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Shoranur (Malayalam: ) is a small town and a municipality in Palakkad district, in the Indian state of Kerala, located on the banks of the Bharathapuzha River. It covers 32.28 km2. It is a major transport hub, hosting the largest railway station in the state. Kerala Kalamandalam, the premier centre for classical arts such as Kathakali and Koodiyattam, is located at Cheruthuruthi, across the river.
Shoranur is located at 10.77°N 76.28°E? / 10.77; 76.28. It has an average elevation of 49 metres (160 feet).
Kulapully SreeKrishna Temple - 6.5 km from Shornur
Shoranur was a part of Kavalappara Desam, a petty feudatory under the Raja of Valluvanad (Valluvakonathari), which extended from Bharatapuzha to Mundakkottukurussi. The ruler of the desam was given the title of Moopil Nair, who wielded powers on behalf of the raja. With the fall of Valluvanad the area first passed on to the hands of the Samoothiri of Kozhikode, and then in 1792 became a part of British India. The palace of Moopil Nair can be seen today on the Shoranur-Kavalappara road near the Eruppe Siva temple.
Under the British, Shoranur came into prominence, being at the border of the British empire and the erstwhile states of Kochi and Travancore. the advent of railways literally made it the gateway to British India. A mini industrial revolution was ushered in the early 1900s with the establishment of metal industries and the extension of railways south of the bharatapuzha. with the formation of the state of kerala, shornur became a panchayat in 1961 and a municipality in 1978.
the 1980s saw the construction of a link line 1 km from the shoranur junction railway station. With most of the long distance trains using the line to bye pass the station, the importance of shoranur junction started to fade. labour issues in the industrial sector resulted in closure of many of those units, sending the local economy into stagnation. By the 2000s shornur was eclipsed by the steady transformation of the nearby towns of ottapalam and pattambi and by 2011 census it became a part of ottapalam Urban Agglomeration.
An ancient Temple of Lord SreeKrishna destroyed in 18th century was recreated in 2007 by devotees led by Shri.Erangodath Prasanna Kumar for the worship of devotees irrespective of caste,creed and religion.The Temple is an example for religious harmony and cultural integration.The old Temple is said to have been built in 13th century by Pandya King Maravarman Sundara Pandyan belongs to the same clan of Pandya Kings who built the Sabarimala temple.The main deity is Gadadhari Navaneetha Krishna which is unique in the world.Other Upadevathas [subordinate] deities are Dharma Sastha,Mookambika,Ganapathy,Hanuman,Nagas,Navagraha and Garuda.Five days long Prathishta dinam [Idol installation Anniversary]celebrations is the important festival of Kulapully.Kulapully Music Festival is also organised as part of the Prathishta dinam celebrations held during the month of April/May every year.Eminent classical musicians participate in the Kulapully Music Festival.Indian Institute of Panchakarma, Shornur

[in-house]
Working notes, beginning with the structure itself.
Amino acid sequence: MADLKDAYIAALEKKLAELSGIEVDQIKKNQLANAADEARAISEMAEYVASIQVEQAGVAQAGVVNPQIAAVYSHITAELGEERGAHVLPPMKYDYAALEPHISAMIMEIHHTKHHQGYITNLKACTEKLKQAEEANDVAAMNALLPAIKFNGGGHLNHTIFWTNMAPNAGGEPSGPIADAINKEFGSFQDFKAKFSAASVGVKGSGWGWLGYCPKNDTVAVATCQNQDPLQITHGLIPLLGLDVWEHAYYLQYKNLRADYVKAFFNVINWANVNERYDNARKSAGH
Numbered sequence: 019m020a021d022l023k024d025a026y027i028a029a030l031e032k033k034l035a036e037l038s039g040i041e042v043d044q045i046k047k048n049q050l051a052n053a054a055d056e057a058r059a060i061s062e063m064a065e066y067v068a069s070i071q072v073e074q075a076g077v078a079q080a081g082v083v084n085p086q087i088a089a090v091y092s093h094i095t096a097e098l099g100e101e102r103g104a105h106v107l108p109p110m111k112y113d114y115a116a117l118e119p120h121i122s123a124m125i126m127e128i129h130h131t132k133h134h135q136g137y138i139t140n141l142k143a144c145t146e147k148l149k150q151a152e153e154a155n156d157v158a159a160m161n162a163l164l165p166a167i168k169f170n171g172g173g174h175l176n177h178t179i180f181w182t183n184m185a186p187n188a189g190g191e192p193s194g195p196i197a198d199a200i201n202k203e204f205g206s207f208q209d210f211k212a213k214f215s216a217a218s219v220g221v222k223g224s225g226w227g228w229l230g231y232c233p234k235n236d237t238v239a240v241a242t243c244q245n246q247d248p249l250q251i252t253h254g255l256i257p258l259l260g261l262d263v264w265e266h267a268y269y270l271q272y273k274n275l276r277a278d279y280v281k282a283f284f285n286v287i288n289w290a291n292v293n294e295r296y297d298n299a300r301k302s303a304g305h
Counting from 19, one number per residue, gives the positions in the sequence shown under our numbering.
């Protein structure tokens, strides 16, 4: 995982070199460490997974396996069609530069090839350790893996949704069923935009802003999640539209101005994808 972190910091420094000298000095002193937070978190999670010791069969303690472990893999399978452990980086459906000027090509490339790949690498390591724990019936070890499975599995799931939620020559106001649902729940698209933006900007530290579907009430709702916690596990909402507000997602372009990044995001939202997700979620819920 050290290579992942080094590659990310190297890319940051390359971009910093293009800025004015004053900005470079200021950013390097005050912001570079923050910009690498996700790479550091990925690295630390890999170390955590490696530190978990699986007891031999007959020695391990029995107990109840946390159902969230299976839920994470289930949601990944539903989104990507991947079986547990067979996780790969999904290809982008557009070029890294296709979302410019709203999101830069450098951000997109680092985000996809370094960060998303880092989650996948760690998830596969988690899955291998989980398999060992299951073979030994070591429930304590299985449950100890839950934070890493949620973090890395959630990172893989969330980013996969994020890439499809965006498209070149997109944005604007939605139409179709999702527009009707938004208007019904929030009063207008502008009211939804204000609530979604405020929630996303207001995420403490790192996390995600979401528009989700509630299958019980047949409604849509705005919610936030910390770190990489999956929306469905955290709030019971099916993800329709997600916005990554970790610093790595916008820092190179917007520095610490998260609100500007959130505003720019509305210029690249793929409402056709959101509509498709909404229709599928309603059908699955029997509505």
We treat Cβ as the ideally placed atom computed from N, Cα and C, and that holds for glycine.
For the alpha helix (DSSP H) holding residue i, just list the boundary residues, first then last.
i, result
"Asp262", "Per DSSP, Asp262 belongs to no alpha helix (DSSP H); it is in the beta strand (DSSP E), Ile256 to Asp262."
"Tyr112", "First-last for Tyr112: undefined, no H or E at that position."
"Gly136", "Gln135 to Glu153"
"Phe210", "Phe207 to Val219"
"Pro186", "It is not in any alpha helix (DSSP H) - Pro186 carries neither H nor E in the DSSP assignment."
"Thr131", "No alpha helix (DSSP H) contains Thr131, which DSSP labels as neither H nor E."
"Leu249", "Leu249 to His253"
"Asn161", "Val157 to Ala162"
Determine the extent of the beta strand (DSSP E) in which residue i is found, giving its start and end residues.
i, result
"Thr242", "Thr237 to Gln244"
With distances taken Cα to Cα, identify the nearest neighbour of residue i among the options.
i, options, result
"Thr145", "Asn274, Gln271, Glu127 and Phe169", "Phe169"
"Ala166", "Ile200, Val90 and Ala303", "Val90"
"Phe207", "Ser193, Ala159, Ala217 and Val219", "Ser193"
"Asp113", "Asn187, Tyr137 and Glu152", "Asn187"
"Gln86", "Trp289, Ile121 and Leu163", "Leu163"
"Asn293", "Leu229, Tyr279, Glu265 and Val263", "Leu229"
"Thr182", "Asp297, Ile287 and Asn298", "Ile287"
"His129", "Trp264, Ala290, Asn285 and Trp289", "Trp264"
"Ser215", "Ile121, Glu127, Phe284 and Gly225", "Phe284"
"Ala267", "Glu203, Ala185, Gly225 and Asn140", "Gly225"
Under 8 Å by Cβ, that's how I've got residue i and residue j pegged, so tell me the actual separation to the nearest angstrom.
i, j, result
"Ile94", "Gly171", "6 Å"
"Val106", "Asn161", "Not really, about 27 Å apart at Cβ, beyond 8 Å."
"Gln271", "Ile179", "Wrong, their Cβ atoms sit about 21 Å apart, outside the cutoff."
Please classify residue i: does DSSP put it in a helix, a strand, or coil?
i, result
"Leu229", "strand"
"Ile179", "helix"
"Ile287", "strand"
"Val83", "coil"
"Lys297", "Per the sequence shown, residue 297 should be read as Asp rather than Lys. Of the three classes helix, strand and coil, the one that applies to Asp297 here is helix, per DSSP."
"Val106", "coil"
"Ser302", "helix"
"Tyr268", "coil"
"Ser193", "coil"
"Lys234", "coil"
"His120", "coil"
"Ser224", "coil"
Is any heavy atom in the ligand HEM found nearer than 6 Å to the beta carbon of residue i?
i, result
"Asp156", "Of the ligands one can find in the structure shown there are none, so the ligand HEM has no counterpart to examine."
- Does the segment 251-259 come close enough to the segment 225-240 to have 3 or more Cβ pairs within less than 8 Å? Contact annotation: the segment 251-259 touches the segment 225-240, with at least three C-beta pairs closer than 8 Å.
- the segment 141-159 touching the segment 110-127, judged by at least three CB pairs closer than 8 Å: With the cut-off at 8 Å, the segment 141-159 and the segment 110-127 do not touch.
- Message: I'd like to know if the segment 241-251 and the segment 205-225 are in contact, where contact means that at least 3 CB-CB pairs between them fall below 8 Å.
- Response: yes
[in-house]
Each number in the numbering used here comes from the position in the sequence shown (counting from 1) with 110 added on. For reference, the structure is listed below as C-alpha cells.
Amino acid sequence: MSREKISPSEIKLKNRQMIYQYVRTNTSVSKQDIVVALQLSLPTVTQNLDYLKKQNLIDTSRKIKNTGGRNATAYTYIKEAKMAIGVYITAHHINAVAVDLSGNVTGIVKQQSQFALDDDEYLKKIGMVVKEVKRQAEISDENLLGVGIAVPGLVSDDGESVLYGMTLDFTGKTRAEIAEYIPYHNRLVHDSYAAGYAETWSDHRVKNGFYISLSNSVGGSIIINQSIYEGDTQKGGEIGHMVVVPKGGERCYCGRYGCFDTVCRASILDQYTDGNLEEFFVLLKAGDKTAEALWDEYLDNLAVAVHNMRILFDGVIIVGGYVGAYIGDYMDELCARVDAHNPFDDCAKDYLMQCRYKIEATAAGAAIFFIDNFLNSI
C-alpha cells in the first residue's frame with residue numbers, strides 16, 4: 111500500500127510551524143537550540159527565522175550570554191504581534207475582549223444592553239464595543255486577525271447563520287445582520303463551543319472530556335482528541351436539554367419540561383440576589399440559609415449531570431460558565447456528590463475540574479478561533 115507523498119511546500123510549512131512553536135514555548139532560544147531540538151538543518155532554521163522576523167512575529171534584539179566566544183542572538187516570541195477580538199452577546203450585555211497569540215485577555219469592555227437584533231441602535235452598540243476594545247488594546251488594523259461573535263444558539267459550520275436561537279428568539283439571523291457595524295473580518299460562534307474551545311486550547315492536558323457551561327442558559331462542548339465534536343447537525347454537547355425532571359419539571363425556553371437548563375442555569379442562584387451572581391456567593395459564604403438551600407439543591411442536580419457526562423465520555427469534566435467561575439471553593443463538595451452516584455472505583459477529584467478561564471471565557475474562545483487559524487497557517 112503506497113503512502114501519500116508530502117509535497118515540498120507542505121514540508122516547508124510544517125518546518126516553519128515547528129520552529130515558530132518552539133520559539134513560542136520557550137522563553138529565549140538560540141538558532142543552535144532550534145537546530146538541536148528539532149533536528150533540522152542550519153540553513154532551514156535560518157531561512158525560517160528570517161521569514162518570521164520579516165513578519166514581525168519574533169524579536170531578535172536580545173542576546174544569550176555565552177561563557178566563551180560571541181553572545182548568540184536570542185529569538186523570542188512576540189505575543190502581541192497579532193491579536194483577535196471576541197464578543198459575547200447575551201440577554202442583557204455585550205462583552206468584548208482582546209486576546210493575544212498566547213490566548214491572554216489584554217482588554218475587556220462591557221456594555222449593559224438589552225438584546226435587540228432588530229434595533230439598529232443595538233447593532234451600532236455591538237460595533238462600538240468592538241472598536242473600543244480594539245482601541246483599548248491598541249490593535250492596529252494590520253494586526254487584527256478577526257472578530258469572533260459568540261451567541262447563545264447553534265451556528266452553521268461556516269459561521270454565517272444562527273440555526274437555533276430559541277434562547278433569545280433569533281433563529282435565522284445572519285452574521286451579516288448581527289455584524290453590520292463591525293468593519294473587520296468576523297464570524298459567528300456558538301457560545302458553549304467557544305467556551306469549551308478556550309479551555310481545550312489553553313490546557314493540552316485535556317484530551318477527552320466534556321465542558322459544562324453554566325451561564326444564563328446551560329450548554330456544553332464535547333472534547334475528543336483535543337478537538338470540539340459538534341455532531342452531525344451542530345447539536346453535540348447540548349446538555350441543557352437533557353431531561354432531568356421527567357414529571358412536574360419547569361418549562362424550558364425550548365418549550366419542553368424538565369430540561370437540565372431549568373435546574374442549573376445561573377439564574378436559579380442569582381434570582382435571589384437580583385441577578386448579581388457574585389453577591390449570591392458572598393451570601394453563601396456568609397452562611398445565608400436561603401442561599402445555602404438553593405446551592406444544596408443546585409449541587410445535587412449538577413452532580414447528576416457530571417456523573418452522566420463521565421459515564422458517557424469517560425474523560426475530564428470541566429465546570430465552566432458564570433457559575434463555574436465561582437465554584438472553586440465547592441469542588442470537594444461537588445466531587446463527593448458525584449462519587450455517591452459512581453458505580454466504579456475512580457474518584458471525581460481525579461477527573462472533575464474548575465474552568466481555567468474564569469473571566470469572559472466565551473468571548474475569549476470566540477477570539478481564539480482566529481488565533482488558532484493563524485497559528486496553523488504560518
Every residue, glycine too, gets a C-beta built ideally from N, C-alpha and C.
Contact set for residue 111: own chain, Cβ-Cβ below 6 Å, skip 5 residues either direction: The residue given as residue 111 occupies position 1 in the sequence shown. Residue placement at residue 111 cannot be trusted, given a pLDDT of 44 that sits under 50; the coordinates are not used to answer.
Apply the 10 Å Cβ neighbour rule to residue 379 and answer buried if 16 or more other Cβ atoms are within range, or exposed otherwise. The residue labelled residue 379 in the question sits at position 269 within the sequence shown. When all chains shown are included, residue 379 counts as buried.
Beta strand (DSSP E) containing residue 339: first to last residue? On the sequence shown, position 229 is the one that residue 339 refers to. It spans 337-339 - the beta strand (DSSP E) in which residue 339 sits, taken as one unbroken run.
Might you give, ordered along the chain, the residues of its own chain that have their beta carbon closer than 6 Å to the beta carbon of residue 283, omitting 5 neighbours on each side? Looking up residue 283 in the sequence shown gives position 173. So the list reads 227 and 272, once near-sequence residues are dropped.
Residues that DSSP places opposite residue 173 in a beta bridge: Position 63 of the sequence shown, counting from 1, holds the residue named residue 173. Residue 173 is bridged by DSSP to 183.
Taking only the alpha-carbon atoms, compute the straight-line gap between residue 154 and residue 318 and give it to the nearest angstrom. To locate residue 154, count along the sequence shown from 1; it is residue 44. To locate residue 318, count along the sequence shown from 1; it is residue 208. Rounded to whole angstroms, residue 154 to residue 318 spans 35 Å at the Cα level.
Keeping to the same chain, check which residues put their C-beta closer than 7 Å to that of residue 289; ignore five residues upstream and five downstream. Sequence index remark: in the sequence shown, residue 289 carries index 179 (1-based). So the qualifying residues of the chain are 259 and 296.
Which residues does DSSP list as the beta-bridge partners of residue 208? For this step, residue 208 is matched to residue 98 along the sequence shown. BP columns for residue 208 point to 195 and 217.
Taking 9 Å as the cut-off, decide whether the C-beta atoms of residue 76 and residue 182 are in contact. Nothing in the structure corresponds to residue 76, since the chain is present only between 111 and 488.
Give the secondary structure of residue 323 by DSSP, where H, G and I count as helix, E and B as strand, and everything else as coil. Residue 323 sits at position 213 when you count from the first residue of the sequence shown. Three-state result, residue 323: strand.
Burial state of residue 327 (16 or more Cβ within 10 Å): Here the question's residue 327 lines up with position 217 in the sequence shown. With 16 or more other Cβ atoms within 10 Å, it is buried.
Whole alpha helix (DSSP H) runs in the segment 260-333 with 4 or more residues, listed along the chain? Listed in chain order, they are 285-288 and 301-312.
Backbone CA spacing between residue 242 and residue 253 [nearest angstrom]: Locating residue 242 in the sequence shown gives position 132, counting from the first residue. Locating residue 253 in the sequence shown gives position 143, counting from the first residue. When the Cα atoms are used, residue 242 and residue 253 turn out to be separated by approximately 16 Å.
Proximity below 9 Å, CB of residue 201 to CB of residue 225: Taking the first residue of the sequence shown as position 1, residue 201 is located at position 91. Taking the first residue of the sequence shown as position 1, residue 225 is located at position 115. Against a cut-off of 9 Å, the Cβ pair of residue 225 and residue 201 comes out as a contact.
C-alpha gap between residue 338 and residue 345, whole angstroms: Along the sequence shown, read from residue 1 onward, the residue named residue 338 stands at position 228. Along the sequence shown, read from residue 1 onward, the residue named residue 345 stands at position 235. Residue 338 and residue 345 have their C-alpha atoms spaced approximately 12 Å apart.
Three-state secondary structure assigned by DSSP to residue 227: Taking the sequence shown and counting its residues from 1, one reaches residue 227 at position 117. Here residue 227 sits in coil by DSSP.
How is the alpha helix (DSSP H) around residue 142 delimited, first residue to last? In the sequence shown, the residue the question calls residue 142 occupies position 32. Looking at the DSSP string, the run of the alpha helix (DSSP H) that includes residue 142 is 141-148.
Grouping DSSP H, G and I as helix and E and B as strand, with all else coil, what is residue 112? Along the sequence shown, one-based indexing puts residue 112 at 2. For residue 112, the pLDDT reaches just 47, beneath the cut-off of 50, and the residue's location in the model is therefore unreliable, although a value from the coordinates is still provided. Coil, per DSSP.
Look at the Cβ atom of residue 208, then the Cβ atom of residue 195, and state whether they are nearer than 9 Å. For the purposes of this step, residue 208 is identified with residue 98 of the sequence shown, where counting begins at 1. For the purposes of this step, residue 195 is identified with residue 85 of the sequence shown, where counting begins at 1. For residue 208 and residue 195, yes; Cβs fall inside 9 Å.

Kerala Kalamandalam 2 km en route to Thrissur
Keraleeya Ayurveda Samajam
Kavalappara Aryankavu pooram
A cuisine (/kw??zin/ kwi-ZEEN , from French cuisine, "cooking; culinary art; kitchen"; ultimately from Latin coquere, "to cook") is a style of cooking characterized by distinctive ingredients, techniques and dishes, and usually associated with a specific culture or geographic region. A cuisine is primarily influenced by the ingredients that are available locally or through trade. Religious food laws, such as Islamic and Jewish dietary laws, can also exercise a strong influence on cuisine. Regional food preparation traditions, customs and ingredients often combine to create dishes unique to a particular region.
Some of the elements that have an influence on a regions cuisine include the areas climate, which in large measure determines the native foods that are available, the economic conditions, which affect trade and can affect food distribution, imports and exports, and religiousness or sumptuary laws, under which certain foods and food preparations are required or proscribed.
Climate also affects the supply of fuel for cooking; a common Chinese food preparation method was cutting food into small pieces to cook foods quickly and conserve scarce firewood and charcoal. Foods preserved for winter consumption by smoking, curing, and pickling have remained significant in world cuisines for their altered gustatory properties even when these preserving techniques are no longer strictly necessary to the maintenance of an adequate food supply.